Elixir, The Soulgrass Sessions

Paula Boggs Band

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Elixir, The Soulgrass Sessions

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Elixir is a fitting title for the Paula Boggs Band’s new album: “It suggests a magic potion, something that will make things better for you if you ingest it,” says Boggs, leader of the Seattle soulgrass group.

That’s just what the singer and her band offer on their third full-length album. The 11 tracks on Elixir — The Soulgrass Sessions mix political-minded calls to action with love songs and personal reflections, for a blend as flavorful and enticing as any magic potion could be. “This album is more cohesive sonically than we’ve ever been,” says Boggs, who sings and plays guitar and ukulele. “We have come to a sound that is uniquely ours.”

The Paula Boggs Band’s rich, rootsy style comes from its versatile lineup: guitarist and banjo player Mark Chinen; bassist and vocalist Isaac Castillo; multi-instrumentalist and vocalist Eric Vanderbilt Matthews; percussionist and vocalist Tor Dietrichson; and drummer Sandy Greenbaum. Together, they dial in a reverential feel on the love song “Gypsy Sapphire,” as banjo and mandolin parts intertwine over subtle backing from acoustic guitar and keyboards. There’s a gentle acoustic lilt to “Peel the Charade” that takes on a gospel feel as Boggs repeats, “Heal us, heal us,” at the end of the song. Resonant piano and acoustic guitars anchor “Sleepwalking,” a song that urges vigilance in the face of apathy and cynicism. “The lyrics really are a call to action for citizens to stay informed and engaged,” Boggs says. “Literally woke. Like, don’t sleepwalk!”

The tune is one of several songs on the album that carries on the citizen-artist theme that underpinned the Paula Boggs Band’s 2016 live EP Songs of Protest & Hope. The musicians were in the studio recording Elixir on Election Day in 2016, and the tenor of the times couldn’t help but seep into the songs. “We All Fall Down” was inspired by candidate Trump, she says, though the song has a broader application. “We can all trip,” Boggs says. “It really doesn’t matter whether you’re white, black, brown, male or female, Christian, Muslim or Jew. It’s a universal phenomenon.”

“Benediction” comes from a deeper place. In many ways the centerpiece of the album, Boggs wrote the redemptive song in the wake of the 2015 mass-shooting at Emanuel African Methodist Episcopal Church in Charleston, South Carolina, where a white supremacist murdered nine African-American parishioners after they welcomed him to a Tuesday night prayer service. Boggs shared lyrics to the song with a couple of lawyers she knows in South Carolina, and they helped arrange for the Paula Boggs Band to perform the tune with the church’s choir at a memorial event in Charleston on the second anniversary of the massacre.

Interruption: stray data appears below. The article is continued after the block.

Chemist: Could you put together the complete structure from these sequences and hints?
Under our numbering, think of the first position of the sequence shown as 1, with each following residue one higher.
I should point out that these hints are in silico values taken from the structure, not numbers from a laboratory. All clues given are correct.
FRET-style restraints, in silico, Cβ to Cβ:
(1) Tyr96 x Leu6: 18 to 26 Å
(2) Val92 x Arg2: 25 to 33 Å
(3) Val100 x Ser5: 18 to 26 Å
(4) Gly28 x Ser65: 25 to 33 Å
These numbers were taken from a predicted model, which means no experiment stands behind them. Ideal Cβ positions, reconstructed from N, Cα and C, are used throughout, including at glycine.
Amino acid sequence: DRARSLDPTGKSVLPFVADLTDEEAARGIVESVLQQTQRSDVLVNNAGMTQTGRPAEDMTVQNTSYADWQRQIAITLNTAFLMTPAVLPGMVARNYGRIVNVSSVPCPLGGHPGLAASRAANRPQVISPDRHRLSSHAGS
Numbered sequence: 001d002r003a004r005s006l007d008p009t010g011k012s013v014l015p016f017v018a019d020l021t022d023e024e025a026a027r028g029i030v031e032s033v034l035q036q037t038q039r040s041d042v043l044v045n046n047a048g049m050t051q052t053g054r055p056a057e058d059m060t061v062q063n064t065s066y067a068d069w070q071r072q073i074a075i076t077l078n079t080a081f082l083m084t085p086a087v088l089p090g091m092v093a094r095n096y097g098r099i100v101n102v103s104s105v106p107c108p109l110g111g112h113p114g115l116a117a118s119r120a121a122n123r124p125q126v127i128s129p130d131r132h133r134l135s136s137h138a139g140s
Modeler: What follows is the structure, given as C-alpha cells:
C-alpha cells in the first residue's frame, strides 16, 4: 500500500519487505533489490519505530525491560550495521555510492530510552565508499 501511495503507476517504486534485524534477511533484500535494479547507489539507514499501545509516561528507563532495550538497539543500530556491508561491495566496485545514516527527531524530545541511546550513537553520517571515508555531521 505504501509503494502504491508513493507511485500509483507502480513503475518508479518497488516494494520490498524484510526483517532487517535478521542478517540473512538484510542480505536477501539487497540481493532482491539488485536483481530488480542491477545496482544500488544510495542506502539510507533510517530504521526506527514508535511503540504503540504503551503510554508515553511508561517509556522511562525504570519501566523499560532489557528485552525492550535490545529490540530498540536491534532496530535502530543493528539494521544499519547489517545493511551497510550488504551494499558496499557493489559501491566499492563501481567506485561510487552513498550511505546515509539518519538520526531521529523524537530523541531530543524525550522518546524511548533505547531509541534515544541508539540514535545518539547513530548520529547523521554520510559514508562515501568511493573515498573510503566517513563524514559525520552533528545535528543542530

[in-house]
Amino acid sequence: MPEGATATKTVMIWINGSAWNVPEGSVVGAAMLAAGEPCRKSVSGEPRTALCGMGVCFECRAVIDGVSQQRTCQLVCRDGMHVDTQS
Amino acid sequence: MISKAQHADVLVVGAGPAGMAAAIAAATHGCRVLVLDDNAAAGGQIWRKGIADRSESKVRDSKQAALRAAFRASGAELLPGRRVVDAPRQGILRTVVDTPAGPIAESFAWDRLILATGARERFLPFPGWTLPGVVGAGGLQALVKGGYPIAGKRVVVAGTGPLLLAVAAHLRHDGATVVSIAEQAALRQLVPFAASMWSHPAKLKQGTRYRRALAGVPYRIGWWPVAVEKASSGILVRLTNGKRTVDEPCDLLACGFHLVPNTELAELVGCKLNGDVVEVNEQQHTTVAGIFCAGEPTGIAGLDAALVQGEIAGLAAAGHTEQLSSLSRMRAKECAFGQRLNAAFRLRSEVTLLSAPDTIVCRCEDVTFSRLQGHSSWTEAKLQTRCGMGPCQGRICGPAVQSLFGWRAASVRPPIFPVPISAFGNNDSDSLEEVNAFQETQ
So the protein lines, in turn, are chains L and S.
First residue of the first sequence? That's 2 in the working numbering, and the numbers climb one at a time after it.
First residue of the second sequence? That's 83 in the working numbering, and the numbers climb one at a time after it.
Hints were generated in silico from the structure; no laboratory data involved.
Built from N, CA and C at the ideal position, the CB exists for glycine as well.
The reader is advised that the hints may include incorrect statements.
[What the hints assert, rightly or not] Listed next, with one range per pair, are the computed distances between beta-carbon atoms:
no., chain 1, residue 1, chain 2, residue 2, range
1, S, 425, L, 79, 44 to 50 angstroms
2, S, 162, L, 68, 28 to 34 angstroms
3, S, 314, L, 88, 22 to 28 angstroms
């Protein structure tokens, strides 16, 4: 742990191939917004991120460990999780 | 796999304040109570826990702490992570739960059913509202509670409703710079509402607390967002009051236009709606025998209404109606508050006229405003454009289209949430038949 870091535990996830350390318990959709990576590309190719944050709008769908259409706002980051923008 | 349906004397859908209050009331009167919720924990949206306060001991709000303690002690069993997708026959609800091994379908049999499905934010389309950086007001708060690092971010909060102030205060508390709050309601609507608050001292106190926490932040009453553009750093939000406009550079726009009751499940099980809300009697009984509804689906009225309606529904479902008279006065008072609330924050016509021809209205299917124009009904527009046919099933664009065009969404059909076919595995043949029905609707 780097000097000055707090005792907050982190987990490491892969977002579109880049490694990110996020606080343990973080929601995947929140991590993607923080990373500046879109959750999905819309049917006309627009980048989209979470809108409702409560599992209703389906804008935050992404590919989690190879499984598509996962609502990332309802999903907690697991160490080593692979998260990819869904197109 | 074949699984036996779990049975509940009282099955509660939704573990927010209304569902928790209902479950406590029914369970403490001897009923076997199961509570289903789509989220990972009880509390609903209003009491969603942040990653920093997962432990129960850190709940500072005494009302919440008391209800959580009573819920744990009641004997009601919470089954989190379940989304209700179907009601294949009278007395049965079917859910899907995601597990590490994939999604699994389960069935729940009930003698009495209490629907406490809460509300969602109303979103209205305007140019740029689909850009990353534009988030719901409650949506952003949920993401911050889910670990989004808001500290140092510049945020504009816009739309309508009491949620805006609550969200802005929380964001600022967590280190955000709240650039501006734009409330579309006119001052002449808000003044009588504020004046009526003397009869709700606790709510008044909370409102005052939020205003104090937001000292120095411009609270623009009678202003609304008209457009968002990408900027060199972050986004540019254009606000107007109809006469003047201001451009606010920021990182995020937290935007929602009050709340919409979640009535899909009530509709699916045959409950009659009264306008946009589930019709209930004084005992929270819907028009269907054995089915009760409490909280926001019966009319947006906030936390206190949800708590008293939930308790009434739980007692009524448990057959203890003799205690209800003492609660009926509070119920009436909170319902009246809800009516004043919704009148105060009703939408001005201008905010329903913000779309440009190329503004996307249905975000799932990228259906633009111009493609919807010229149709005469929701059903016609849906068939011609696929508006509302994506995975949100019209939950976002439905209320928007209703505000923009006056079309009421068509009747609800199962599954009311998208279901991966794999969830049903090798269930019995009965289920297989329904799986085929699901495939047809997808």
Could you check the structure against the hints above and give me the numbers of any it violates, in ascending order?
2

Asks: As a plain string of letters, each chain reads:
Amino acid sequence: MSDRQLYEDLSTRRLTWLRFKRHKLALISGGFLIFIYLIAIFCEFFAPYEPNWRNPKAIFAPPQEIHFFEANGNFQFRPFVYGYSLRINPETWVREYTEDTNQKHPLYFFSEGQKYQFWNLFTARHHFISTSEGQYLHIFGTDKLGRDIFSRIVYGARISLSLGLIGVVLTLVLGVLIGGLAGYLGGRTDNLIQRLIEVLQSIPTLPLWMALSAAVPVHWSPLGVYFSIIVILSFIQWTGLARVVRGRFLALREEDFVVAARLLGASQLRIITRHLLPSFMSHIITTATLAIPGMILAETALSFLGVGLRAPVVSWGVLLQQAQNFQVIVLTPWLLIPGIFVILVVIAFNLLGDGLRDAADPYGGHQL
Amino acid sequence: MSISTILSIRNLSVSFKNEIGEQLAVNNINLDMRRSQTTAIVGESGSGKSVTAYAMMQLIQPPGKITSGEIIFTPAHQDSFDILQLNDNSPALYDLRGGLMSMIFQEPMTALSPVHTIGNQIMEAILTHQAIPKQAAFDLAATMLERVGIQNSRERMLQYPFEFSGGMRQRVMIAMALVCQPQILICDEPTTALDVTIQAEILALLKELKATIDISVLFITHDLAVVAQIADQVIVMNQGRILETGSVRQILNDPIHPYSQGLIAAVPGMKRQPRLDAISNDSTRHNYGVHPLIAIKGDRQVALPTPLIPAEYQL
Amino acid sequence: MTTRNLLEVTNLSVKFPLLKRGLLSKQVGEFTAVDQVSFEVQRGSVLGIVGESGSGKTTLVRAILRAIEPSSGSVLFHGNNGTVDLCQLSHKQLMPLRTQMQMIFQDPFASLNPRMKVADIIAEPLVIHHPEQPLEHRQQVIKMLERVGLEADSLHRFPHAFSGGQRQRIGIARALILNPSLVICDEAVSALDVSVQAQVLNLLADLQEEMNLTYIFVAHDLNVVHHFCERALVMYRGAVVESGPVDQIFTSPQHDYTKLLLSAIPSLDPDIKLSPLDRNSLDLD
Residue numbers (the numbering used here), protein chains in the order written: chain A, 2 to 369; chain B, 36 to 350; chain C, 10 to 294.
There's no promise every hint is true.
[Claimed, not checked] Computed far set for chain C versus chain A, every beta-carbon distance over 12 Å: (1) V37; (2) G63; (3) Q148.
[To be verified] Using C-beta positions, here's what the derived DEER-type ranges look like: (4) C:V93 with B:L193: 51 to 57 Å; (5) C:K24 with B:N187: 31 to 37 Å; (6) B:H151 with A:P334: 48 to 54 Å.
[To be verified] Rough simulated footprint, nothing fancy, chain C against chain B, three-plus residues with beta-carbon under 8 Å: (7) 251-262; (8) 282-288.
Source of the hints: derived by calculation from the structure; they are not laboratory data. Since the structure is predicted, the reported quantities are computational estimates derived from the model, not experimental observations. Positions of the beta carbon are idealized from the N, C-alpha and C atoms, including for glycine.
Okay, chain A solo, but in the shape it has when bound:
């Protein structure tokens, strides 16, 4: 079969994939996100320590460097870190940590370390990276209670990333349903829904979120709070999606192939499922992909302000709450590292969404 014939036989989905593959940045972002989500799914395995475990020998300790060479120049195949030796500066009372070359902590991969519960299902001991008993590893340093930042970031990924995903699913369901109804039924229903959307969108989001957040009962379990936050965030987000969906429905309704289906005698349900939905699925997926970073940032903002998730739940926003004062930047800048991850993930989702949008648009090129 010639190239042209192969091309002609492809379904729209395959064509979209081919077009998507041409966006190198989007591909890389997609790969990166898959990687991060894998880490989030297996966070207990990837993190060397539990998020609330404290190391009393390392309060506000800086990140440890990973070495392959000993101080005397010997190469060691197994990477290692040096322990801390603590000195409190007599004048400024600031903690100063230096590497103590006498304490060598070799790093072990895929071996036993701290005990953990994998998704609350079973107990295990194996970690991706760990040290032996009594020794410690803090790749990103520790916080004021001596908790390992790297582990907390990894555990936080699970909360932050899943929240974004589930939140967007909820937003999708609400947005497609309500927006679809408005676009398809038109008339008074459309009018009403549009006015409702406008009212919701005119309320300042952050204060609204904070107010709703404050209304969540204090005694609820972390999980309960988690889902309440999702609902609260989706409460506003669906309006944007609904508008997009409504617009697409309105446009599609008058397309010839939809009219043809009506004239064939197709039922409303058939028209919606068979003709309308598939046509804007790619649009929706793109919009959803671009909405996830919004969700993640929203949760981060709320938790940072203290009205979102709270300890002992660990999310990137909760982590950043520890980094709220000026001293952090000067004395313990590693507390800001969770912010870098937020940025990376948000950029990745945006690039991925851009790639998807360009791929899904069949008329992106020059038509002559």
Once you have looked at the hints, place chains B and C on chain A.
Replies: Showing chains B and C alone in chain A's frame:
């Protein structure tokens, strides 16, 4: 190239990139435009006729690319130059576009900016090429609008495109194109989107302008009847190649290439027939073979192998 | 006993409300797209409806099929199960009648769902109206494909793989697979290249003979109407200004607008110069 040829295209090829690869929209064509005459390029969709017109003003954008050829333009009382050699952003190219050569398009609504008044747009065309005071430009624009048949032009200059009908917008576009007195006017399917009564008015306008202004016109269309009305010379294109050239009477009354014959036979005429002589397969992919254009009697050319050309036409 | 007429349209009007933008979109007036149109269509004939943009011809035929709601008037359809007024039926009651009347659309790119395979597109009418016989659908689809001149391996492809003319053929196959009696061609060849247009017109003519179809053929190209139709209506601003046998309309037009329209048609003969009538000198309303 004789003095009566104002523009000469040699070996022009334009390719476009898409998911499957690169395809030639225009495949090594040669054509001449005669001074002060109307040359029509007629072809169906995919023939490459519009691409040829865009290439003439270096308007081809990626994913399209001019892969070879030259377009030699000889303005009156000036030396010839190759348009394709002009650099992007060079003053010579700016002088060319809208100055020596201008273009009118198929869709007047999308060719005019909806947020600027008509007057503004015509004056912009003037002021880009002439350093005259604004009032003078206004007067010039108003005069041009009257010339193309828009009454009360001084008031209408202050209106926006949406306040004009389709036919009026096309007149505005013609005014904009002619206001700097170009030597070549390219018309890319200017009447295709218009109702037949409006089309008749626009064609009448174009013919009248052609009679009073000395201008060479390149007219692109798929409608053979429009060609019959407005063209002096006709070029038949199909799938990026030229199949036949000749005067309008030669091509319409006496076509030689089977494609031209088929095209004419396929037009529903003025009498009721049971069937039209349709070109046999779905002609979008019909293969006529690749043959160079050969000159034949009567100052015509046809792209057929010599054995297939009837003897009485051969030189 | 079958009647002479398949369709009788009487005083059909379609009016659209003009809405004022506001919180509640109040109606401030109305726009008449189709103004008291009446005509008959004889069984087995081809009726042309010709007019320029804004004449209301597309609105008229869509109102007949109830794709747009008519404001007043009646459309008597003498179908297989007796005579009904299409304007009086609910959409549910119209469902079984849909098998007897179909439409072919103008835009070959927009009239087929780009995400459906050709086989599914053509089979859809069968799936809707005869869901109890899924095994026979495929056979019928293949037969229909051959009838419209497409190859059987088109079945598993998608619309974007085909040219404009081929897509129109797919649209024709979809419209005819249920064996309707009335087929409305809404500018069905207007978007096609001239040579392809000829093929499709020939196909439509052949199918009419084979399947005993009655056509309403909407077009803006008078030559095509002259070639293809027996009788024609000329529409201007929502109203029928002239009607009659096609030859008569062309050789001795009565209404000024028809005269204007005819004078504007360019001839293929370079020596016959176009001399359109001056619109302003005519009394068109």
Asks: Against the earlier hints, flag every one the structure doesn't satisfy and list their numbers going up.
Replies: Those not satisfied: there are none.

“It was incredibly moving,” Boggs says. “In rehearsing the song and recording it, each member of the band had a personal reaction to it, but it really hit home when we landed in Charleston. There is a memorial to the Charleston Nine in the airport, so you literally can’t enter the city of Charleston without being confronted by what happened two years ago.”

For all her focus on current events and topical songs, Boggs shows a personal, introspective side on Elixir, too. She and the band convey a somber, wistful feeling on “Rearview Mirror,” with banjo, piano and a wash of cymbals over wordless vocal harmonies. Boggs wrote the song about saying farewell to Santa Fe, where she had owned a home for 15 years. The city played a formative role in her music career.

“When I retired from Starbucks, Santa Fe was the first place we went,” says Boggs, an Army Airborne veteran whose career has included a five-year stint as a federal prosecutor and working as a vice president at Dell and as Starbucks’ top lawyer. “We spent two months there. Part of it was making a transition from being general counsel of Starbucks to something else.”